Twenty-five guaranty associations that are responsible for paying claims for a failed Penn Treaty American Corp. unit say 55% of the unit’s long-term care insurance policyholders chose compound inflation protection, and just 1.9% chose simple inflation protection.
The associations also report, in a rate increase application filed on the unit’s behalf in Connecticut, that:
56% of the long-term care insurance policyholders with inflation protection have policies with no elimination period, or time when an insured needs and uses long-term care services before benefits payments begin.
62% of the policyholders without inflation protection have policies with no elimination periods.
Only about 19% of the policyholders with inflation protection, and about 27% of the policyholders with no inflation protection, have policy benefit periods with 36 or fewer months.
About 42% of the policyholders with inflation protection, and about 39% with no inflation protections, have policies that are supposed to provide lifetime benefits.
Penn Treaty was an Allentown, Pennsylvania-based company that helped create the modern U.S. long-term care insurance market. It began to run into problems around 2000, when state insurance regulators argued that the company was reserving too little for the long-term care insurance business it was selling. At the time, regulators believed that long-term care insurance premiums should stay the same for the lifetime of the policyholder, and they resisted letting managers of American National or Penn Treaty Network America raise prices.
A state court in Pennsylvania put the insurance company subsidiaries in rehabilitation in 2009.
Regulators recently converted efforts to rehabilitate the parent-level holding company’s two life insurance subsidiaries, Penn Treaty Network America Insurance Company and American Network Insurance Company, into liquidation proceedings.
The details here come from a rate increase request for American Network.
A group of life and health insurance guaranty associations has filed the request for American Network with the Connecticut Insurance Department, through Long Term Care Group Inc.
Long Term Care Group Inc. filed the rate increase request through the Connecticut Life and Health Insurance Guaranty Association, on behalf of 25 state guaranty associations that believe they will have to back at least one American Network policy originally issued by American Network in Connecticut. The Connecticut department posted the filing on its website.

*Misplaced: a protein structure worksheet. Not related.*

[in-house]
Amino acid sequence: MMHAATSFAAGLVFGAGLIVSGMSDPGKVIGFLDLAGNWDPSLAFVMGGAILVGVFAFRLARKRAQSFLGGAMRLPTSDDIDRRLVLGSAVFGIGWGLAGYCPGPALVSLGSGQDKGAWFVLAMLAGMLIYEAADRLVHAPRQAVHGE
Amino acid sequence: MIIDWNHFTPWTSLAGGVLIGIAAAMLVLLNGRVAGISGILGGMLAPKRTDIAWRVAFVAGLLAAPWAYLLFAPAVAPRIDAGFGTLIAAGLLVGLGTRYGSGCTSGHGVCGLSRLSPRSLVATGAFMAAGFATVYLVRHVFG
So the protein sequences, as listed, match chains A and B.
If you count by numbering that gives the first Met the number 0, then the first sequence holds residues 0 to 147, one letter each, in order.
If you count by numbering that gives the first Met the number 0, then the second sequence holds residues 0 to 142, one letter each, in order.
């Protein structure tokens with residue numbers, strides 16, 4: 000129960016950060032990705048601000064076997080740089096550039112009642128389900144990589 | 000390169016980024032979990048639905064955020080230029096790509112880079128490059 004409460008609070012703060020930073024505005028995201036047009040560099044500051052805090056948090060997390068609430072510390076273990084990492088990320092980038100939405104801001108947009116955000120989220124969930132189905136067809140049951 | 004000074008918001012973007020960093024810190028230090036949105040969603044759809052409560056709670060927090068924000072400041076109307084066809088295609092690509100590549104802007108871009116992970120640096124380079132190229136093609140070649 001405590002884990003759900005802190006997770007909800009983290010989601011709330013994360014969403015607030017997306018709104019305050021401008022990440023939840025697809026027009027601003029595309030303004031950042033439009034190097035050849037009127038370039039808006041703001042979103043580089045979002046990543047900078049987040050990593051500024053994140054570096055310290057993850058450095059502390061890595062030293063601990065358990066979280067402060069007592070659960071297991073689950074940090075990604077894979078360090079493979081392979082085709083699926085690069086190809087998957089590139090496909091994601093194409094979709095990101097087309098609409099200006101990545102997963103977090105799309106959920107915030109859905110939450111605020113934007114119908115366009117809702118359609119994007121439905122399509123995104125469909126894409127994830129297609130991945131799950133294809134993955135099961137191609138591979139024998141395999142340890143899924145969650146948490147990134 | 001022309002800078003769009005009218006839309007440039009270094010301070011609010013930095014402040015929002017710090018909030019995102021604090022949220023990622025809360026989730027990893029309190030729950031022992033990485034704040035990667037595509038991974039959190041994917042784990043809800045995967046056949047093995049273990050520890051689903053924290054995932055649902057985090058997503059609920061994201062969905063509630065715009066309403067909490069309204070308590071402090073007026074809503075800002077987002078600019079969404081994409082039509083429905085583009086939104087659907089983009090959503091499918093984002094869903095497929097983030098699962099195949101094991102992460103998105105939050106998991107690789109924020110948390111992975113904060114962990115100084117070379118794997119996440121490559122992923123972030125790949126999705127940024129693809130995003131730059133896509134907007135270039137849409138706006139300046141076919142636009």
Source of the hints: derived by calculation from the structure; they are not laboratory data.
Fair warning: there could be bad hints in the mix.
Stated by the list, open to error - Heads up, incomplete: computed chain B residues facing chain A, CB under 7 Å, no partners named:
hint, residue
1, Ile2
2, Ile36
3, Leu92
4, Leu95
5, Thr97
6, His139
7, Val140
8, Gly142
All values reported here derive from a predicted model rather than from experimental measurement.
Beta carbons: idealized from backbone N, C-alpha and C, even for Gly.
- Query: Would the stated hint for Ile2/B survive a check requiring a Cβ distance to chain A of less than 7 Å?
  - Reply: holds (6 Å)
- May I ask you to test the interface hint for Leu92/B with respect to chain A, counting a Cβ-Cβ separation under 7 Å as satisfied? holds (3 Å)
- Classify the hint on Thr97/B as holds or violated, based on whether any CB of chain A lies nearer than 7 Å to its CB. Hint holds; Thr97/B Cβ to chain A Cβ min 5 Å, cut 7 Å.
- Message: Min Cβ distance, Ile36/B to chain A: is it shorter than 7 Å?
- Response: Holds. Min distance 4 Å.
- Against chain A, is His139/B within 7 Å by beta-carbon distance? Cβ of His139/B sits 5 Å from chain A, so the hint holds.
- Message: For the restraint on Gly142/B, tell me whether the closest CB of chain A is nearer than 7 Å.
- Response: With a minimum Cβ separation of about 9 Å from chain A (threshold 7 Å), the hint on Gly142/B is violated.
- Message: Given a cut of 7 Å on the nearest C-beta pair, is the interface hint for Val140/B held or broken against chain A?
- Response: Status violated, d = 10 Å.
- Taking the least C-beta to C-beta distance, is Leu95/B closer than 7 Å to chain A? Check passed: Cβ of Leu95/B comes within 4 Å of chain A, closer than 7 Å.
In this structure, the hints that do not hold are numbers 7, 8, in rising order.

The associations say American Network ended 2016 with 66,741 policyholders throughout the country, including 531 policyholders in Connecticut.
Premiums now average $1,957 per year for the policyholders with inflation protection and $2,509 for the policyholders without inflation protection.
If Connecticut regulators approve the requested increase as proposed, the new average annual premiums would be $3,603 for the policyholders with inflation protection and $2,571 for the policyholders without inflation protection.
The average increase would be 69%, but the actual increase for a specific policyholder could vary dramatically from policyholder to policyholder.
The guaranty associations have proposed leaving rates the same for policyholders who bought their policies after they were 80 or older, and for policyholders without inflation protection who were 60 or older when they bought their policies.
Here’s how rates might increase for other policyholders:
Without inflation protection, age at issue 55 to 59: 20%
Without inflation protection, age at issue under 55: 25%
With inflation protection, age at issue 70 to 79: 30%
With inflation protection, age at issue 65 to 69: 45%
With inflation protection, age at issue 60 to 64: 60%
With inflation protection, age at issue 55 to 59: 95%
With inflation protection, age at issue under 55: 170%
The overall average increase would be 84% for the policyholders with inflation protection, and 2% for the policyholders without inflation protection.
The guaranty associations are keeping the average increase down by seeking a lifetime ratio of claims to premiums of 93%.
Normally, a long-term care insurance issuer seeking a rate increase could base the increase request on a lifetime claims ratio of 60%, the associations say in their filing.
If the associations were seeking a 60% lifetime claims ratio, they could justify an overall rate increase of 635%, the associations say.
In the past, Connecticut insurance regulators have often rejected requests for long-term care insurance rate increases. In many cases, regulators have argued that insurers’ actual long-term care insurance experience in Connecticut was better than the insurers’ had originally predicted
The associations note that some policyholders have policies that are supposed to provide benefits beyond what the guaranty associations will guarantee. Those insureds will have the option of reducing their maximum benefits to the guaranty association coverage limit for that policy, the associations say.
— Read Jessica Altman May Lead Pennsylvania Insurance Department on ThinkAdvisor.